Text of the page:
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Forced to live out his life in exile, Pontius Pilate, the former governor of Judea, is now haunted by the executions that were carried out on his orders. The life and death of a particular carpenter from Nazareth lays heavily on his mind. With years of solitude stretching before him, Pilate sets out to uncover all he can about ...
Forced to live out his life in exile, Pontius Pilate, the former governor of Judea, is now haunted by the executions that were carried out on his orders. The life and death of a particular carpenter from Nazareth lays heavily on his mind. With years of solitude stretching before him, Pilate sets out to uncover all he can about Jesus—the truth about his birth, boyhood, ministry, and the struggles that lead to his crucifixion.
In this vibrant and completely engaging historical novel that places Jesus and his teachings in a wonderful accurate historical stetting, James R. Mills has created nothing less than a new gospel that gives us fresh insight about Jesus' time on earth.
About the Author:
James R. Mills has been a teacher, historian, an California State Assembly member and senator. As president pro tempore of the Senate, Mill served as acting governor when the governor and lieutenant governor were absent.
A Child Is Born
That strange carpenter came riding into Jerusalem on a donkey at the beginning of the last week of his life. He was greeted like an emperor by a madly rejoicing multitude, and the high priest of the Jews, whose name was Joseph ben Caiaphas, was alarmed. He was certain the fellow intended to raise a rebellion against Rome. I was not. Caiaphas therefore decided he should inform me as to why he thought Jesus of Nazareth such a serious threat to the peace of Judea.
He ordered a number of scholars to work all that night to produce a manuscript that described the circumstances and occurrences connected with the birth of Jesus, because those things were among the chief reasons for the concerns of Caiaphas and the other Jewish priests. He sent me that manuscript the next day. Later my wife became interested in the carpenter, so she insisted on saving that roll of papyrus. Therefore I still have it, and I present it here without any comments of my own.
To Pontius Pilate,
Procurator of the Provinces of Judea, Samaria, and
Peace be unto you.
During the reign of King Herod, the chief priests of Israel considered his reign a judgment of God that our people should bear patiently. Since his death we view the subjugation of our country by Rome in the same way. Some of the Pharisees agree, but most of them and their followers pray to God that He will soon reward their submission to His will by sending a messiah who will drive out our Roman rulers and restorethe Jewish monarchy of David and Solomon.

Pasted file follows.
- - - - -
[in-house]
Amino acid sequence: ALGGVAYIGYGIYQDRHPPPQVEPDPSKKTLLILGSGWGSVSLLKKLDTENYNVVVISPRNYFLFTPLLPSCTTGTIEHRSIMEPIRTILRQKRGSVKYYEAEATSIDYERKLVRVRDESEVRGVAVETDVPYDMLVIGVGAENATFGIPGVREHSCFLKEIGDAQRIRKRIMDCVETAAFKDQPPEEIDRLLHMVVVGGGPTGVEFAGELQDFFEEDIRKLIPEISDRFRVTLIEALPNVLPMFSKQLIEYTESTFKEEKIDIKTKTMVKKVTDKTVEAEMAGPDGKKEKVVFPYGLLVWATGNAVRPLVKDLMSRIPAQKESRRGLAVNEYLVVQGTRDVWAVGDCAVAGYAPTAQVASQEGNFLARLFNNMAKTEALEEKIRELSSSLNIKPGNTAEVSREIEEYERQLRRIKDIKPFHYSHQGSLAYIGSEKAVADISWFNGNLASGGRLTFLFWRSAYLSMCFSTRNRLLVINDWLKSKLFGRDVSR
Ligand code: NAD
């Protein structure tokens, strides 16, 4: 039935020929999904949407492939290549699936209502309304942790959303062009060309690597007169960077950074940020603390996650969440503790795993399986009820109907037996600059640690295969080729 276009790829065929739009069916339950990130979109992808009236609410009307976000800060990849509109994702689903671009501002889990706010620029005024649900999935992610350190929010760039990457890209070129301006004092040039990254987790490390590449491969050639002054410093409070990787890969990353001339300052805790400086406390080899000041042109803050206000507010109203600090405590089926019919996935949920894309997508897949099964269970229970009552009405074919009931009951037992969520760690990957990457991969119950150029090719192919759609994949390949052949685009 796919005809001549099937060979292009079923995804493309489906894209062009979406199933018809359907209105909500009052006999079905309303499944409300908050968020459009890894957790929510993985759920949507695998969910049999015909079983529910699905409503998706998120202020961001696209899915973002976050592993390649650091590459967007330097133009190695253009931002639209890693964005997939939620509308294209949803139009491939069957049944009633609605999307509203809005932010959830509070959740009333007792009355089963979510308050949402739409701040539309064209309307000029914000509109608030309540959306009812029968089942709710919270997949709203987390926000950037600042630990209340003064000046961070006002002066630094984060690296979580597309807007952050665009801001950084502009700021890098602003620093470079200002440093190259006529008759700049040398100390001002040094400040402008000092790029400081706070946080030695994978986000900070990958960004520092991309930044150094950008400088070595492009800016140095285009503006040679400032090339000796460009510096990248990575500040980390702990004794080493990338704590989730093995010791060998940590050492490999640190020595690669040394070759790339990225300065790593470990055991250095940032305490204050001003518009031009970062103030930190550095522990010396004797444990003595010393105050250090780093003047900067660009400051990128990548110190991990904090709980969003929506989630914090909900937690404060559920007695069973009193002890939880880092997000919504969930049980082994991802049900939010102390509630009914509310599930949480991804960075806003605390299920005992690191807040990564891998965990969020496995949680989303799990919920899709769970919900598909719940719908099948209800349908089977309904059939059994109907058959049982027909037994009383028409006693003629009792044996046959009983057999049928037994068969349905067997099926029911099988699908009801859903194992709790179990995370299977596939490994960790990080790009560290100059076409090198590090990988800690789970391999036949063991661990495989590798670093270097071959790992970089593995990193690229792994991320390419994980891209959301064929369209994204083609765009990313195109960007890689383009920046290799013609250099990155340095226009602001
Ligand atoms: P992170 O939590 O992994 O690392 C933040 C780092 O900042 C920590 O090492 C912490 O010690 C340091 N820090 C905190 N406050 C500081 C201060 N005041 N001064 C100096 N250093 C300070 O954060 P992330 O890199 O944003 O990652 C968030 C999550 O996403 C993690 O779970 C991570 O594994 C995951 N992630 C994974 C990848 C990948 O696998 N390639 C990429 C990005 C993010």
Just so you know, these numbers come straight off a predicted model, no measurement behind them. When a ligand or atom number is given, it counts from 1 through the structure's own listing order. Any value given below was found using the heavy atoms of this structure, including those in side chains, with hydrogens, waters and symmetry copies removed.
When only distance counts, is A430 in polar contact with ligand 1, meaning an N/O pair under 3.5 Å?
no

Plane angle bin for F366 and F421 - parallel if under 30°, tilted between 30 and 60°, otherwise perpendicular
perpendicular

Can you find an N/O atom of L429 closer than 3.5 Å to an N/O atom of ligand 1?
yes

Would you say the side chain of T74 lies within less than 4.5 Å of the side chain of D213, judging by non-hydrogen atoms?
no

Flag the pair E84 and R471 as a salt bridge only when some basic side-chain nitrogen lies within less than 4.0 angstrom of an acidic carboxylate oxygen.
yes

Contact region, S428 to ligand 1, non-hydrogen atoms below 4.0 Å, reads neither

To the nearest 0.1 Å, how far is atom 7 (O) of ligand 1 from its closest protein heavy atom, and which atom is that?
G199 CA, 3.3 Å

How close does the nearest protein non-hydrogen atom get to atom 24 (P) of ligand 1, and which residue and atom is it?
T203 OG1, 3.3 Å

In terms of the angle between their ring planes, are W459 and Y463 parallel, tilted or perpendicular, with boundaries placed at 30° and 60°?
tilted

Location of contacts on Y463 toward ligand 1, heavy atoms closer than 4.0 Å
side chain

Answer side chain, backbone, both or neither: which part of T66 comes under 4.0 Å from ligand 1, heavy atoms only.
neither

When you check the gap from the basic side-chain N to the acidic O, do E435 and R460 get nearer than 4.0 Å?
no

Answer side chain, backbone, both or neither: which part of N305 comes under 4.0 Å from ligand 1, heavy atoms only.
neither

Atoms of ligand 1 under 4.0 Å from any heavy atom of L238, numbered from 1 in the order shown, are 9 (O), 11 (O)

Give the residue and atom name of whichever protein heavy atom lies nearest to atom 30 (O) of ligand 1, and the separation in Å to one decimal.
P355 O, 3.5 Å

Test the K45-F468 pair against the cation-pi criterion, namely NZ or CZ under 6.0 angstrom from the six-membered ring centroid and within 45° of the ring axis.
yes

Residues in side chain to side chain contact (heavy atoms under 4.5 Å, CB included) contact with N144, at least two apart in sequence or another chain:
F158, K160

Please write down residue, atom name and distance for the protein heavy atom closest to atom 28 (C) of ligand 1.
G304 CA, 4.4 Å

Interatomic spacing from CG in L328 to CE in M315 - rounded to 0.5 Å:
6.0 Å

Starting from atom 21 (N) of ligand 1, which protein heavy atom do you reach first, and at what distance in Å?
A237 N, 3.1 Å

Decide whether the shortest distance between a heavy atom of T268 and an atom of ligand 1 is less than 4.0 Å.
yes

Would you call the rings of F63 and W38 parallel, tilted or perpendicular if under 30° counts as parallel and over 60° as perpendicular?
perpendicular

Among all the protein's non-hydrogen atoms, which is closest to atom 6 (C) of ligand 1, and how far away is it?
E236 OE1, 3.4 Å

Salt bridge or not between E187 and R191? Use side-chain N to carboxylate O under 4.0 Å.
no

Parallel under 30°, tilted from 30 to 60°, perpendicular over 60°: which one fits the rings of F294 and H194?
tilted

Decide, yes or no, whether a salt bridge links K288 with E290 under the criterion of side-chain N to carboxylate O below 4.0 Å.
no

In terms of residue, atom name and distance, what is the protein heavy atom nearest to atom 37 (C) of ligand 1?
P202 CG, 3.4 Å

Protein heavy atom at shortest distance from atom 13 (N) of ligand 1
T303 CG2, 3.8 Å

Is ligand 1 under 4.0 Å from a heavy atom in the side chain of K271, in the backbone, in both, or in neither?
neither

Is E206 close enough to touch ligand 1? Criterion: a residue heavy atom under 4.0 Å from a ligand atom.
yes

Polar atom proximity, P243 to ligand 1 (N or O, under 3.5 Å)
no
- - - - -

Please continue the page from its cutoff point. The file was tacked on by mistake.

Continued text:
According to most of the rabbis, the kingdom of God is now at hand. Among the books they accept as Scriptures is one which was written long ago by a man named Daniel. In it Daniel predicted the appearance of a messiah seventy weeks after Cyrus, the emperor of Persia, authorized the reconstruction of our temple in Jerusalem. Rabbis have construed this prediction to mean weeks of years rather than weeks of days, and that waiting period of 490 years expired shortly before King Herod was placed upon his throne by the senate and the army of Rome. Consequently, some very dangerous ideas are gaining acceptance among the Jewish people. Political events and natural phenomena are being analyzed by rabbis as to whether or not they relate to the prophecy of Daniel. Most of those impractical scholars are agreed that the appearance of a messiah could occur at any time.
Specifically, the birth of a savior is expected. The author of another of those ancient books that the rabbis have chosen to accept as Scripture, a man named Isaiah, wrote, "Unto us a child is born, unto us a son is given, and the government shall be upon his shoulders, and his name shall be called wonderful, counselor, the mighty God, the everlasting father, the prince of peace." So it was into an ominous religious ferment that Jesus of Nazareth was born.
At that time a general census for tax purposes was under way in Judea. The man who is presumed to be the father of the child, a carpenter from Nazareth named Joseph, had come with his pregnant wife to Bethlehem, which was the city of King David. Followers of Jesus now say that Joseph was a descendant of David, and that is probably true. David had hundreds of wives, and he lived a thousand years ago, and Bethlehem is a little town, so everybody from that place is very likely descended from him, and Joseph was the lowly scion of a family from Bethlehem.